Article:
Review: The Regulator

The Regulator 1.02b2
Roy Osherove

Regular expressions are a powerful and complex feature of the Microsoft .NET Framework (and of many other programming environments as well, of course). If you're working with regexes in .NET, and need a powerful environment for editing and testing them, you definitely ought to take a look at The Regulator. The price is right and the feature list is longer than I've seen in other regex utilities.

To begin with, of course, you can enter a regular expression, input and replacement strings, and experiment with match, split, and replace behavior. Actually, you can enter more than one regular expression, because the color-coded editor supports multiple open documents, as well as collapsing and expanding sections. You can save the regular expressions to disk and or use a disk file as the input to work with.

Not sure what to enter to get the regex you want? Right-click and follow the shortcut menus to add in any of the .NET regex syntax. Also useful is "Escape Selection", which adds appropriate whitespace markers to turn a literal string into something that will work inside of a regex.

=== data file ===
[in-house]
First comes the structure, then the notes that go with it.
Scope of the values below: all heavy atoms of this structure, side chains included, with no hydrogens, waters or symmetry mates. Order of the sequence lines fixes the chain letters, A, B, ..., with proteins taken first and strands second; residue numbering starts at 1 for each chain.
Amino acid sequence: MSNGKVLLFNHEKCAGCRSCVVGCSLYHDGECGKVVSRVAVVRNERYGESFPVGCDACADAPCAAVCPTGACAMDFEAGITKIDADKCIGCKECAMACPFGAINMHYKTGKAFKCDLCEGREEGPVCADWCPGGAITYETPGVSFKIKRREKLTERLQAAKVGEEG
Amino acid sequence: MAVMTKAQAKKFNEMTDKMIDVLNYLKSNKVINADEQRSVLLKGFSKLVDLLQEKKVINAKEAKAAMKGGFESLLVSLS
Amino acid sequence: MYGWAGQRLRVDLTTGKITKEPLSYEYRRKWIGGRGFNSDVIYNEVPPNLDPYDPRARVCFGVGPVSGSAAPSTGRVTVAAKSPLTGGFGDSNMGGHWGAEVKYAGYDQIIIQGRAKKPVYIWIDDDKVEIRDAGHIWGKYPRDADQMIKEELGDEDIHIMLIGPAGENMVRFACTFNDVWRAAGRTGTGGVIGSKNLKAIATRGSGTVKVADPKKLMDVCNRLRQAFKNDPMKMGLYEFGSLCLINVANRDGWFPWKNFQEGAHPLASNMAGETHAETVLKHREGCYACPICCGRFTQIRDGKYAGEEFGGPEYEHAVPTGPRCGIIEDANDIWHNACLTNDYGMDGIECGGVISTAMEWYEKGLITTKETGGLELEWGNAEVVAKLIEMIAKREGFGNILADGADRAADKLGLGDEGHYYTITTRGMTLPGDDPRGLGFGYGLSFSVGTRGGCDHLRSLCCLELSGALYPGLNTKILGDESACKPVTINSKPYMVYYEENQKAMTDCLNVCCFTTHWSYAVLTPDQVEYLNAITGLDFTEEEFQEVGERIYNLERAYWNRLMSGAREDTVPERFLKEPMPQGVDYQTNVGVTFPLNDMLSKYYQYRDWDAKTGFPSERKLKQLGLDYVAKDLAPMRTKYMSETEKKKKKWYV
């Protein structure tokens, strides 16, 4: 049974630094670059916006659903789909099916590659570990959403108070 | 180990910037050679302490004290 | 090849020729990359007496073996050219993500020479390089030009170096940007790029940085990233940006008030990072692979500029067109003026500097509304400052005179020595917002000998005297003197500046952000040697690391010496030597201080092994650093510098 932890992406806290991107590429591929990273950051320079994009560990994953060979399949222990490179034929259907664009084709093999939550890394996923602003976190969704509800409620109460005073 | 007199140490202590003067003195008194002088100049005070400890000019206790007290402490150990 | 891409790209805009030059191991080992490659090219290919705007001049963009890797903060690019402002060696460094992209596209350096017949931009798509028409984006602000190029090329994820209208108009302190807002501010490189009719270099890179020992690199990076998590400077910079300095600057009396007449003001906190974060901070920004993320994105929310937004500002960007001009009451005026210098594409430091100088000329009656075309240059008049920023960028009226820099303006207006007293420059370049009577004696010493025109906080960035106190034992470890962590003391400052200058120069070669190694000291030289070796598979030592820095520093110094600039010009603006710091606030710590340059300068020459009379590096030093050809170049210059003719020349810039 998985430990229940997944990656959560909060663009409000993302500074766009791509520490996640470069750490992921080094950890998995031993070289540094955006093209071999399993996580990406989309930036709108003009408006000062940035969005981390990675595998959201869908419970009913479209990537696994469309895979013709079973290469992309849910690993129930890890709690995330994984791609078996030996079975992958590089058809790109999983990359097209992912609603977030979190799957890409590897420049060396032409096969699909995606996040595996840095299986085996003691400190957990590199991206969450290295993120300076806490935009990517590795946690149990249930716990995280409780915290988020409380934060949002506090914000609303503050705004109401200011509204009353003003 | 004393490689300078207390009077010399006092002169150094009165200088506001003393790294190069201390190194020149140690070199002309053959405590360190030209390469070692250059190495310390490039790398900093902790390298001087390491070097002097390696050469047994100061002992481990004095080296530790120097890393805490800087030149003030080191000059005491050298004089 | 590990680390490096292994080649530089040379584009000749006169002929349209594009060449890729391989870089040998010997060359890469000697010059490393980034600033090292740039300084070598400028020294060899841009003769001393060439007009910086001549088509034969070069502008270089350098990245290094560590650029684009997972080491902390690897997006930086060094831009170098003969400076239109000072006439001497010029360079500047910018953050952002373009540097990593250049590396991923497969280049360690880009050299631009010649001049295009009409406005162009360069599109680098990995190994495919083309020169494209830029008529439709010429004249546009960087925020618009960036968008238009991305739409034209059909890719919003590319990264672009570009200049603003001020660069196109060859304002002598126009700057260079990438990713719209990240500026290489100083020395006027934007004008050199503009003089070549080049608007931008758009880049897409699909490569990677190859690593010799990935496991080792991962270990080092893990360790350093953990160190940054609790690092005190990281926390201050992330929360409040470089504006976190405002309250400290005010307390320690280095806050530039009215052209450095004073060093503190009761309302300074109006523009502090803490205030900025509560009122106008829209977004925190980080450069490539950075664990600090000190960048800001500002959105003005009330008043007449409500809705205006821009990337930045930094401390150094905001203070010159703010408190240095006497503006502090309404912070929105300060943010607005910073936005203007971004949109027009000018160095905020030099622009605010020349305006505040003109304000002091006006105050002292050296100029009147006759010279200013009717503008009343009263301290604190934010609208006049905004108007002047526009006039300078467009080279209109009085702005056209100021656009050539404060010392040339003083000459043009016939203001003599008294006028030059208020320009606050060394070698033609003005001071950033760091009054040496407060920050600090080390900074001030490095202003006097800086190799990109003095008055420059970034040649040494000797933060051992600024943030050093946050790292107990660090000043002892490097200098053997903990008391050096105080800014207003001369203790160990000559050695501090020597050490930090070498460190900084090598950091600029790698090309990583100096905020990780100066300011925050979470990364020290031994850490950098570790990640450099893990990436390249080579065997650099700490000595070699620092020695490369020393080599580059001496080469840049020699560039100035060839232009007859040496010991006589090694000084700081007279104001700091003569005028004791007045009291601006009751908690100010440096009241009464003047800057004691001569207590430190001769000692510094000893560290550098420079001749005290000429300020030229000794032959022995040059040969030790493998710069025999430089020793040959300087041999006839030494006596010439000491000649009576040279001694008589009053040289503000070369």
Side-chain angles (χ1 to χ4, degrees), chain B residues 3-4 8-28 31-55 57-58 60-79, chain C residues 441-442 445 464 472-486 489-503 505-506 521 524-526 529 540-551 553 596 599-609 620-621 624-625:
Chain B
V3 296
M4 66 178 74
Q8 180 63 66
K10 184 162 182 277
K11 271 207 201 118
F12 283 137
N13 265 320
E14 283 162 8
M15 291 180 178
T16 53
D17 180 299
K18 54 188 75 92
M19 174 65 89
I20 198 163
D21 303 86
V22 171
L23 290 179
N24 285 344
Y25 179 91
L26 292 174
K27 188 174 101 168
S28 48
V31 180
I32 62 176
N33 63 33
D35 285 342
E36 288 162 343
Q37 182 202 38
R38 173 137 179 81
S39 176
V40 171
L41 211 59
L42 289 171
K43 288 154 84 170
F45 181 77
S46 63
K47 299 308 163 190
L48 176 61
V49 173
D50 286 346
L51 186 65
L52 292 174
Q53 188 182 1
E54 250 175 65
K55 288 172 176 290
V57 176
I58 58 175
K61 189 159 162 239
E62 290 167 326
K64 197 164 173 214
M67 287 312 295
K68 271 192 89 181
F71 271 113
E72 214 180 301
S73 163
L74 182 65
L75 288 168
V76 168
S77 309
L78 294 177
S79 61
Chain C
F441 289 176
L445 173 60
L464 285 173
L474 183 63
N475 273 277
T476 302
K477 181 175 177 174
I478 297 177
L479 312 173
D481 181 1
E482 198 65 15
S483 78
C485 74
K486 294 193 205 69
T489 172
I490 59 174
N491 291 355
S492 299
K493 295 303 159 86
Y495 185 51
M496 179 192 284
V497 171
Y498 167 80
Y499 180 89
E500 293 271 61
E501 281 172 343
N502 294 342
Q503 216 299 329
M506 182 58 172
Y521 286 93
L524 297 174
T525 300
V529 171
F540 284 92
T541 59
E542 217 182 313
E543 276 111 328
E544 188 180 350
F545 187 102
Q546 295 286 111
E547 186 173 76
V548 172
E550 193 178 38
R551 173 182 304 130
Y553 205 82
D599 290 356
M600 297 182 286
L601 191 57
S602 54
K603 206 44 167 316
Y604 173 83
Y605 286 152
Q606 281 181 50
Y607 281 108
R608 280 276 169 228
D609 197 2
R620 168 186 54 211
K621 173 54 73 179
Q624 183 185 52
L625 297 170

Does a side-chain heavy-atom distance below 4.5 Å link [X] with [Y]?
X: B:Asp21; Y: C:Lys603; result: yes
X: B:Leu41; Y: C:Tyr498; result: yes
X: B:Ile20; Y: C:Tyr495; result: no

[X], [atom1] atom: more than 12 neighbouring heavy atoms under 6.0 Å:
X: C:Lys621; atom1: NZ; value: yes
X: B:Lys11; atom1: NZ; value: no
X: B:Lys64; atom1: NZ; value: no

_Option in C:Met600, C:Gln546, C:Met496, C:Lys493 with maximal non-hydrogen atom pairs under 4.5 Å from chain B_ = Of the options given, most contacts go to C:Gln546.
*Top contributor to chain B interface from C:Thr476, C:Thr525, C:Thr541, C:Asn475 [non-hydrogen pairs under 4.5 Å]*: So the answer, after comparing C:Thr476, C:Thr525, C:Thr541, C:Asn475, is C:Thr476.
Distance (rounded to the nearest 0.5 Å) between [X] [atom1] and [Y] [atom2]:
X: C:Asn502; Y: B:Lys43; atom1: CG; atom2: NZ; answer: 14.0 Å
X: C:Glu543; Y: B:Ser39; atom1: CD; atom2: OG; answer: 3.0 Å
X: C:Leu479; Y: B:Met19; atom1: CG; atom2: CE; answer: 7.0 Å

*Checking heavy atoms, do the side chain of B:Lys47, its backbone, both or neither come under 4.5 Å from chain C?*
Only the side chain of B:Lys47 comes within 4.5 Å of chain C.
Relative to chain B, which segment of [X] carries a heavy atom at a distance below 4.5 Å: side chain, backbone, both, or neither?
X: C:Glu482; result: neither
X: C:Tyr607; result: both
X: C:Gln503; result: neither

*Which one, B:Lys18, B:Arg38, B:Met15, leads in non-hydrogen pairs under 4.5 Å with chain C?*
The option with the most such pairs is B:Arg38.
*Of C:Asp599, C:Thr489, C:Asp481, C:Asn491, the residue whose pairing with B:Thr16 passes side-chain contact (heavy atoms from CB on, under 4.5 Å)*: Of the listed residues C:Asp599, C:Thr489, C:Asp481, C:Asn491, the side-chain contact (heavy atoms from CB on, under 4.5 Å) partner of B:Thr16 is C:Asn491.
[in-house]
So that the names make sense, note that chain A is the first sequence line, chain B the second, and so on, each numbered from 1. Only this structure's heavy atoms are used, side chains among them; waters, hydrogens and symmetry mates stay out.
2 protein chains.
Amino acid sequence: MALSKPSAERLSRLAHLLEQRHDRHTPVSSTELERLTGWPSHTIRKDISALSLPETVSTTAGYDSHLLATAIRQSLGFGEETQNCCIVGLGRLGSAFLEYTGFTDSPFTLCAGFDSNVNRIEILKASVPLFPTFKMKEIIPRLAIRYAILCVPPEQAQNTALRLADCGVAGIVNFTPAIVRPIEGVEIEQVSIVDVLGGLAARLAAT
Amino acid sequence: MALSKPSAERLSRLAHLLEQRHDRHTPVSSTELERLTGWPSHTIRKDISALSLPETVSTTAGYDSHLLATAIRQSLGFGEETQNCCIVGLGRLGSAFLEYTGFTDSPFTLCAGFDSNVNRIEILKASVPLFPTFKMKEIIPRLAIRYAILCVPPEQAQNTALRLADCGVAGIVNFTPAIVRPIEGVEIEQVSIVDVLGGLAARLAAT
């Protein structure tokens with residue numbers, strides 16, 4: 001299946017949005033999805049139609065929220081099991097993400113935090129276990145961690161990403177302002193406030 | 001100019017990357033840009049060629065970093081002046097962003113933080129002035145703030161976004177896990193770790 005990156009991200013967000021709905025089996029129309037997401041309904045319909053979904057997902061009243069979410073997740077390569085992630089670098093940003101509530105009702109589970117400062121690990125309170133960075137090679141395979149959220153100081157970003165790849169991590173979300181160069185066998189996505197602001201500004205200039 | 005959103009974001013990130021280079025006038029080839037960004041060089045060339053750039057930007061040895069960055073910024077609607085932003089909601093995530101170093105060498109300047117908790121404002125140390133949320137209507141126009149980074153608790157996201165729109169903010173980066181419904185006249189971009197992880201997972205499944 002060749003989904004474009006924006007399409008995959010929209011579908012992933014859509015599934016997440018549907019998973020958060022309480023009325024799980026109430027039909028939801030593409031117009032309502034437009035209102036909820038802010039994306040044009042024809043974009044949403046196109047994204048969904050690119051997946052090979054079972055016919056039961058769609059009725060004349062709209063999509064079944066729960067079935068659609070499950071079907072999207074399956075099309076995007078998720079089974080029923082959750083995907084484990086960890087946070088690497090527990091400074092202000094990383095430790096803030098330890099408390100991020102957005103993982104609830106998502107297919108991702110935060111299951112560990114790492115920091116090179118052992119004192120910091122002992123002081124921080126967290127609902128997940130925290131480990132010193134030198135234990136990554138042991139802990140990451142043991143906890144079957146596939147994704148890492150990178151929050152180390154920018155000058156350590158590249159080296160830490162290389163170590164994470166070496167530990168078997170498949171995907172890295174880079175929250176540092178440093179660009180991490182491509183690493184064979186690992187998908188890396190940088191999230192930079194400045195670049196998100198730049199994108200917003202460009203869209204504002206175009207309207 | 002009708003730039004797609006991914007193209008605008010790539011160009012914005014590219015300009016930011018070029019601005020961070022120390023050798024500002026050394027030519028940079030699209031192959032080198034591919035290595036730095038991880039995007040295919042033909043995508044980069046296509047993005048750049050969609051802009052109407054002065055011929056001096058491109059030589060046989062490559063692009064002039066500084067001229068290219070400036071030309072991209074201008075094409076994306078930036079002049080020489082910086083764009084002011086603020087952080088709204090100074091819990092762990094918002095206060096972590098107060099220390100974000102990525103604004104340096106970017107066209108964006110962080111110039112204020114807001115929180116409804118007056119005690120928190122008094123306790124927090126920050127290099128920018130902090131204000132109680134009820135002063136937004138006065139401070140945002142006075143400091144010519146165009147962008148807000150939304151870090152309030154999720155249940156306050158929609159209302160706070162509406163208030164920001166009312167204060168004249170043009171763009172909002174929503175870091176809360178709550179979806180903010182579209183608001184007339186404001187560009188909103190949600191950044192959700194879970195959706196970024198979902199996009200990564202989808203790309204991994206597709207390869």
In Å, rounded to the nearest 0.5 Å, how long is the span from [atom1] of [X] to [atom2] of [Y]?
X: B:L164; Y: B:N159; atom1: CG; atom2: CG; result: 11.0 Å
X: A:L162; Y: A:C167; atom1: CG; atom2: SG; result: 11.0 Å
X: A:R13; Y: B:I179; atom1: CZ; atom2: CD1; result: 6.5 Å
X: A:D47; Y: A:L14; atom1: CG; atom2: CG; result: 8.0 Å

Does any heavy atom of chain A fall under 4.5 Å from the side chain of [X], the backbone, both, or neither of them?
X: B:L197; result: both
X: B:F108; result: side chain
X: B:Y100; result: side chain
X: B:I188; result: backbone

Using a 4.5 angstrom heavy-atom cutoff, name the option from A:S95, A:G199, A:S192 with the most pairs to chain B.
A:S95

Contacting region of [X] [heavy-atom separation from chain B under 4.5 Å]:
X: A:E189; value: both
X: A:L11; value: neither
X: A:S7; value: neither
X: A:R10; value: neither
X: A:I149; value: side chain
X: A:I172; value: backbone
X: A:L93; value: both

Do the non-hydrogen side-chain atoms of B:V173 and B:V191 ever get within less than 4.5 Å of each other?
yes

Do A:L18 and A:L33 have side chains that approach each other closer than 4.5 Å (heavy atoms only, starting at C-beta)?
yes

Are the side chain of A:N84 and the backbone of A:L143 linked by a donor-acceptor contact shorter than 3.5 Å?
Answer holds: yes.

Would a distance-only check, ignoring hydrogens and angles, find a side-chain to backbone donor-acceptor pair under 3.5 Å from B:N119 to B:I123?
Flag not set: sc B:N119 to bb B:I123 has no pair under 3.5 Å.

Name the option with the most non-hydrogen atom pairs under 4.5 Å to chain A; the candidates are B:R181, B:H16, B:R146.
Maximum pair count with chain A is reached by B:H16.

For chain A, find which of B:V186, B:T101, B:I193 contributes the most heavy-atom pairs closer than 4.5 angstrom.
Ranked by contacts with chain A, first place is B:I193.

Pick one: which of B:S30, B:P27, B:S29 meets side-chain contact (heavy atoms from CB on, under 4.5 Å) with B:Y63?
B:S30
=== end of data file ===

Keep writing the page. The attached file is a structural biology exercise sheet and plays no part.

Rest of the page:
Want a starting point? You can search the library of regular expressions at and import your results directly from The Regulator's interface. If you've come up with a genius-level regex of your own, a wizard guides you through the process of adding it to the library.

An "expert snippets" window stores chunks of text to save you typing, while a performance graph lets you see the effects of modifying your expression as you tune it. The whole can also be minimized to the system tray - useful if you're working on an application where you need regex support at all times.

What's missing? There's no help file or code generation -- yet. But Roy is actively working on the application, and I hear more good things are coming down the pike. In short order, The Regulator has become the most comprehensive of the .NET regex applications out there. And it's still free.

About the Author

Mike Gunderloy has been developing software for a quarter-century now, and writing about it for nearly as long. He walked away from a .NET development career in 2006 and has been a happy Rails user ever since. Mike blogs at A Fresh Cup.